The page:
What doorstep reception is Newmark receiving from Jewish voters in 2017? “It’s very mixed. Some of them understand that this is a long term process. Others are a bit more impatient. There are some who think this election is their opportunity to cast a protest vote against everything that’s gone on in the Labour Party over the past couple of years in relation to these issues, and there are others who think they are sending out that same signal by voting for a candidate like me. Some of them have said, ‘Who is more worried about you potentially becoming a member of the parliamentary Labour Party, Mike Freer or Jeremy Corbyn?’ That’s quite an interesting response.”

*****

The territory being worked by Newmark and by Katz in next door Hendon has had a very blue look to it lately. Barnet Council, Conservative for all but eight of its 52 years, became a London Tory flagship from 2009 due to its controversial outsourcing programme. The borough’s third parliamentary seat, the rather rural Chipping Barnet, is firmly in the grip of Tory lead Leaver Theresa Villiers. The other two were Labour targets in 2015, yet in the end the sitting Tories were untroubled. Finchley and Golders Green was always going to be hard to steal, but Freer’s majority hardly fell at all while in Hendon, Matthew Offord’s rose by 7.5% from almost nothing. In 2010 he had taken the seat from Labour’s Andrew Dismore, now London Assembly member for Barnet and Camden, by just 106 votes. With Labour advancing in 2015, the experienced Dismore had seemed bound to get it back. Instead, a stark Tory consolidation. Labour’s line on Israel, even under Ed Miliband, was seen by some as a significant factor in these results.

Yet there are countervailing trends as well. In the 2104 council elections, pre-Corbyn of course, Labour in Barnet came close to turfing the Tories out of the Town Hall. Part of the job Newmark and Katz are seeking to do is help build Labour strength in advance of the next borough vote, in May 2018. When I met Katz for a chat in St Pancras three weeks or so ago, he listed three goals: one, building for next year; two re-casting the relationship between Labour and Jewish voters; three, as you would expect, getting the best possible result for his party in Hendon, which he described as “a bellwether seat” for the future.

He was realistic but upbeat about his chances of doing well, stressing how strongly pro-Remain Barnet is: just over 62%, which is slightly higher than Greater London as a whole. Jewish voters are broadly Remainers, he thinks. Katz spoke too of Barnet’s increasing ethnic diversity, a trend that generally tends to help Labour. He said he was looking forward to engaging with that mix, joking about possible time problems: “How can I get round something like six big mosques on the same Friday?”

Barnet’s close association with Judaism can mean its particular manifestation of multicultural London being overlooked. Its has a substantial black and Asian population and close to 9,000 Chinese Londoners live there too, notably in Colindale, the largest number in any of the 32 boroughs. There are around 150,000 Christians, 21,000 Hindus, over 19,000 Muslims and roughly 3,500 Buddhists. That range confounds a hovering stereotype which owes something to Barnet’s greenery and rows of prosperous, well-tended semis and something else to Margaret Thatcher having represented the old Finchley seat from 1959 until 1992.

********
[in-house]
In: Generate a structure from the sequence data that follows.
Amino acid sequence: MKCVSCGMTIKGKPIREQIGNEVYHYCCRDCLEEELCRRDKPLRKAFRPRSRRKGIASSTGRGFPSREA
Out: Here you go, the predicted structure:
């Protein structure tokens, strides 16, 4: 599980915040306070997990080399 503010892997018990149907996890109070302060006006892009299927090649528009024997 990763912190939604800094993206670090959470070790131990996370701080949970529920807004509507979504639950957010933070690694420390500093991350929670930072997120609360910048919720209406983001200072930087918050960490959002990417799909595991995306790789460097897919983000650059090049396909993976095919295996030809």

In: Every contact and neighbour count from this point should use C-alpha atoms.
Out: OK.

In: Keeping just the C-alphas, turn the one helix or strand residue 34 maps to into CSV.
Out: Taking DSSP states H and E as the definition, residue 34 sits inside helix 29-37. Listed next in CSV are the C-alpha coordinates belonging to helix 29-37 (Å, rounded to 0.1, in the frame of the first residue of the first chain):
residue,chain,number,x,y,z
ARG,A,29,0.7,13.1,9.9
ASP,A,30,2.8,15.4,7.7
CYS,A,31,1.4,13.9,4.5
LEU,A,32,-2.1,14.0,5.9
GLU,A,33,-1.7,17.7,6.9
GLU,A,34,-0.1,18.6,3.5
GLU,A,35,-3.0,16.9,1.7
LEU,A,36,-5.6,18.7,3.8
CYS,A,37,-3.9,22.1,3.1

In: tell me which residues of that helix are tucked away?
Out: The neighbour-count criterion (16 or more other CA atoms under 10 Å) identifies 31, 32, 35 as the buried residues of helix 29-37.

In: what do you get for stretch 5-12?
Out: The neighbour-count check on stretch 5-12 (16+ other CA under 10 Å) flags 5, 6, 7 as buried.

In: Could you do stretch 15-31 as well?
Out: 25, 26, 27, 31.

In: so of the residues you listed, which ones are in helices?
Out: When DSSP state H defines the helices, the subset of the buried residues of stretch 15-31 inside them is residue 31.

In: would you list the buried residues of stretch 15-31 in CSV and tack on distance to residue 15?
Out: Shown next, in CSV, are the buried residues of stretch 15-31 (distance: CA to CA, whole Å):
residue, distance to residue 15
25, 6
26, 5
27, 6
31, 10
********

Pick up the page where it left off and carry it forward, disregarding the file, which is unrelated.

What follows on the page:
Jeremy Newmark describes the part of Barnet he’d like to represent in a very different way. “A deep-seated sense of the need to build an open, tolerant society,” is embedded there, he says. He believes this was shown by a vote to Remain, and that this also expressed “a fear of a politics of despair.” The seat includes areas as varied as Hampstead Garden Suburb and housing estates in the Clitterhouse area close by the North Circular, but Newmark says there is “a common thread of value-based politics that runs through the constituency regardless of socio-economics.”

We met on Sunday afternoon, the day after the London Bridge attack. Newmark acknowledged an “emerging anxiety” about Islamist terror, but also a matching “singularity of purpose” to resist it. That morning, he had paid a low key visit to a community event in Whetstone, along with Emma Wyshall, Labour’s candidate for Chipping Barnet (the event location was on the border between the two seats). “I thought it was important after last night’s brutal events was to be at a community event. The poignancy was palpable. There was something in the air that said people were coming together in defiance. The stall the local police had, with kids putting on police helmets and so on, had extra meaning to it. You push back against hatred by building communities.” Recalling the broad-based opposition to neo-Nazis’ attempts to march through Golders Green two years ago, he added: “That’s not new for this area.”

Newmark is full of praise for Sadiq Khan’s response to Saturday’s atrocity, describing the London Mayor as “inspirational”. Khan won plaudits during the election campaign from Jewish commentators, and Newmark expresses pride that as part of the JLM he worked for his election triumph. “As a Labour politician, he will go on a walkabout on the streets of Hendon or Golders Green and receive the warmest possible welcome from the Jewish community, the Muslim community, people of all faiths and none. As an individual he epitomises London and what it’s all about. He is almost tailor made for the era in which we are living.”

A campaigner against Islamist extremes since he was a student and John Major was Prime Minister, Newmark urges political leaders of all parties “to take a step back and win the politics of this as well as having the security debate. We need to be very clear about the fact that we are not facing just some global, violent criminal gang. We are fighting an ideology here. We need to win that battle”.